Looming over “Bad Words” is the potential it could have had, as is, were it released ten years ago. With its focus of R-rated behavior poking at the projected innocence of children, along with the couple of chromosomes that keep Bateman’s Trilby from being a Vince Vaughn character, this movie is certainly a product of the comedies that have sculpted out the manchild story in the past decade.
Film Review: Jason Statham Shows Range on Road to ‘Redemption’
CHICAGO – Stephen Knight, the writer of brilliant scripts for “Eastern Promises” & “Dirty Pretty Things,” makes his directorial debut with “Redemption,” opening today in limited release, starring Jason Statham in a role that proves that he has more dramatic range than he’s usually asked to display. With Statham’s best performance since “The Bank Job,” “Redemption” nearly works. It’s one of those truly frustrating films in that there are numerous scenes & moments that work but Knight can’t quite fashion them into a whole that’s not a disappointment. But he comes damn close.
Joey Jones (Statham) participated in something horrible in his time in the service. He’s shattered with PTSD to the degree that he even has hallucinations (one involving hummingbirds, which contributed to the film’s superior, original title, “Hummingbird,” when it was released overseas) and has taken to life on the street. He drowns his trauma in booze, while also avoiding a court martial by staying anonymous. When some thugs beat him up, he’s chased to a rooftop, where he falls through a skylight into an apartment that seems unoccupied. He learns that the owner is gone for the Summer, takes some of his clothes and the credit card he got in the mail, and tries to clean himself up a bit.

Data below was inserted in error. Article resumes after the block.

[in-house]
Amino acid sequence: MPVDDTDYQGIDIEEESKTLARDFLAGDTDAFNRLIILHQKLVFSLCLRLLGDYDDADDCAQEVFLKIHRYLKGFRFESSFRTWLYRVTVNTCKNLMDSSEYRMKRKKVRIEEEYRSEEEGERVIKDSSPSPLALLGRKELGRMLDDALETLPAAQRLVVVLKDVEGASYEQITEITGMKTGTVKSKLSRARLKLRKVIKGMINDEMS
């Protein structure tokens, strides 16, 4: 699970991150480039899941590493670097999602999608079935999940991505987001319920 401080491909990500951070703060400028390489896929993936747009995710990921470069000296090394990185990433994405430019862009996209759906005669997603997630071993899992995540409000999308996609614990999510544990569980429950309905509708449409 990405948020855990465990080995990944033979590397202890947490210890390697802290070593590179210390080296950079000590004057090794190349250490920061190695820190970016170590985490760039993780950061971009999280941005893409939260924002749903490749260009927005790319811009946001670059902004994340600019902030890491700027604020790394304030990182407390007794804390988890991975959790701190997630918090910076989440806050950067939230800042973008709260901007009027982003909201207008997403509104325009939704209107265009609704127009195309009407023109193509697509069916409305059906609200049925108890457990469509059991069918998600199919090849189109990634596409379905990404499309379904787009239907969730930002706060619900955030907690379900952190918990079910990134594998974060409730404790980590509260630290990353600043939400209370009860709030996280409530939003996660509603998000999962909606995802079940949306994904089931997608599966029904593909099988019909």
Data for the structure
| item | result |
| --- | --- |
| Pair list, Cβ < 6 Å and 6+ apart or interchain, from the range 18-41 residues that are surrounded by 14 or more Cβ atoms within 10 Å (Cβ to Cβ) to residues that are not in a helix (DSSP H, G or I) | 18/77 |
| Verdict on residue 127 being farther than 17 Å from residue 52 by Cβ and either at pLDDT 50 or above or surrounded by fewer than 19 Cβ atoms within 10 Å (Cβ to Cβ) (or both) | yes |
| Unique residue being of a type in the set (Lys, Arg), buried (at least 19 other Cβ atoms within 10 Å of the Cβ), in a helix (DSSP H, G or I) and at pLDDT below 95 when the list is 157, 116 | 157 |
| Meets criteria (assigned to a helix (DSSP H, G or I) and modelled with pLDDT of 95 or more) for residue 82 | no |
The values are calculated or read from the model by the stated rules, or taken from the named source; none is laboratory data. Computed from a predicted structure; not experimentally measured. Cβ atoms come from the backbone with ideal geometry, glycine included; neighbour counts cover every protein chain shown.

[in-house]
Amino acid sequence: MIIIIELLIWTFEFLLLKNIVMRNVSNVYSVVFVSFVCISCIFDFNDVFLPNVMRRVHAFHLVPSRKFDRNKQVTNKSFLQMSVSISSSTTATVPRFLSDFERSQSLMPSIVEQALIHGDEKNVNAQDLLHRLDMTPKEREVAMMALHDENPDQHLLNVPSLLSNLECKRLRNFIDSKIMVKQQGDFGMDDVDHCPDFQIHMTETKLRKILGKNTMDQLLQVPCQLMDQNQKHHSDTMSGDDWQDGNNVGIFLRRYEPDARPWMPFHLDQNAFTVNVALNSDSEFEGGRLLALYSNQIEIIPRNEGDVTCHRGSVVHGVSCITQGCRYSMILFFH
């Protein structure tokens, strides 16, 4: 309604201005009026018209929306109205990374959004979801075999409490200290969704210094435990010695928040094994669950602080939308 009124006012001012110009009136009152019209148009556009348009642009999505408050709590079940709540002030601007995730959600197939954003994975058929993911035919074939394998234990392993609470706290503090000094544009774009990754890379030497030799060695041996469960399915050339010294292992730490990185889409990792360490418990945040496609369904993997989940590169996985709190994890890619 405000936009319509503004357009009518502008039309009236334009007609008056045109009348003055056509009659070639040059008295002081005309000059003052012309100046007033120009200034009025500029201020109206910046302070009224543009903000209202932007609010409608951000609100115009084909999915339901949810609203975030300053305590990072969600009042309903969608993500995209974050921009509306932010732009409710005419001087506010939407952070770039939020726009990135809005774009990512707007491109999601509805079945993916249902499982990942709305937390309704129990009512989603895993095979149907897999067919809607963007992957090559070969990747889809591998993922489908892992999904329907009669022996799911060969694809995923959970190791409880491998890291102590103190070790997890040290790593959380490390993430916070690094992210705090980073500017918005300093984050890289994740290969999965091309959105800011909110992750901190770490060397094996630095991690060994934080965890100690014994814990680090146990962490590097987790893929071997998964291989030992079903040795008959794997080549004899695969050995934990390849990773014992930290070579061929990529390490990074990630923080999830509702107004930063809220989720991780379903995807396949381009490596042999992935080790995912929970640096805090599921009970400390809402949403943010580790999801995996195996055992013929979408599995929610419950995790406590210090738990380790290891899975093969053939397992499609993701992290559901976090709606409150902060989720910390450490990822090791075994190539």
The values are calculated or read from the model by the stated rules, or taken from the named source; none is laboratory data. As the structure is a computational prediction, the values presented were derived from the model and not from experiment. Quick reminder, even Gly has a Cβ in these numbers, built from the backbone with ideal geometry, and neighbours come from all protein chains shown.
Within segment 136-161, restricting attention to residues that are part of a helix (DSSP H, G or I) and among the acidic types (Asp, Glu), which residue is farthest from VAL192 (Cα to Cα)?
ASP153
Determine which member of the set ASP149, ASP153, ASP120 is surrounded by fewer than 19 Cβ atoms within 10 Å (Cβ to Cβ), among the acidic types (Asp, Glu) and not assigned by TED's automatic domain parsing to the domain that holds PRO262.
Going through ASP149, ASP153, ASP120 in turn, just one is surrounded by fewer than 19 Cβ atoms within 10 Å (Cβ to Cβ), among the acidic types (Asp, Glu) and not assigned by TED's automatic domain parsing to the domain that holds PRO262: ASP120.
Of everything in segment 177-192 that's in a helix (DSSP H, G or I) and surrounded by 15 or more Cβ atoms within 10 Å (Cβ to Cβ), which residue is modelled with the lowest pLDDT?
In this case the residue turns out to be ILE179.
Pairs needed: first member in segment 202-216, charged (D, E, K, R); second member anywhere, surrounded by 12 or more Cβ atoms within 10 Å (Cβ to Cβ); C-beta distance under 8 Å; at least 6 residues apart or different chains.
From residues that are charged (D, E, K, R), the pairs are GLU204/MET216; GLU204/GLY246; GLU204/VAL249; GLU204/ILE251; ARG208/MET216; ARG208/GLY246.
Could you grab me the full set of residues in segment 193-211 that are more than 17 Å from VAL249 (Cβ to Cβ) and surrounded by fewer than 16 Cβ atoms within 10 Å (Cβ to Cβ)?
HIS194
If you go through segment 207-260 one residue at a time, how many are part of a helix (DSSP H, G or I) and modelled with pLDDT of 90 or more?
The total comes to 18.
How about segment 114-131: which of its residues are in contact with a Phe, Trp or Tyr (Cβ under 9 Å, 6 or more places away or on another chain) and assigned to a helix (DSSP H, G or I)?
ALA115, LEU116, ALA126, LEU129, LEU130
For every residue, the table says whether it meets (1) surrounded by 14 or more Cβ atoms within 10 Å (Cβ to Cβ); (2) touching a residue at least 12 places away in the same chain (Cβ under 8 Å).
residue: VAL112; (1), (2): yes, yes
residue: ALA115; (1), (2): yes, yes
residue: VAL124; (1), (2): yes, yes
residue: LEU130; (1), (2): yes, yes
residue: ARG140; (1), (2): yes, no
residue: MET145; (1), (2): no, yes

|Read Brian Tallerico’s full review of “Redemption” in our reviews section.|
Finding redemption through stepping into the shoes of a stranger is one of only several plotlines that don’t quite weave through “Redemption” but instead sit parallel to one another. Joey gets involved with the mafia, confronts a pedophile murderer, and even begins a unique relationship with the nun named Cristina (Agata Buzek) who feeds him at a soup kitchen. That arc is actually the most successful of the film by some stretch. Cristina sees some purity and truth in Joey’s eyes. This is a good man in a bad life. And Cristina herself seems to have some trauma in the past that Joey could help her deal with. While a love story between a homeless criminal and a Polish nun may sound like nonsense, it is clear that this is the plotline that interests Knight & Statham the most. It’s where the film comes alive.
Photo credit: Roadside Attractions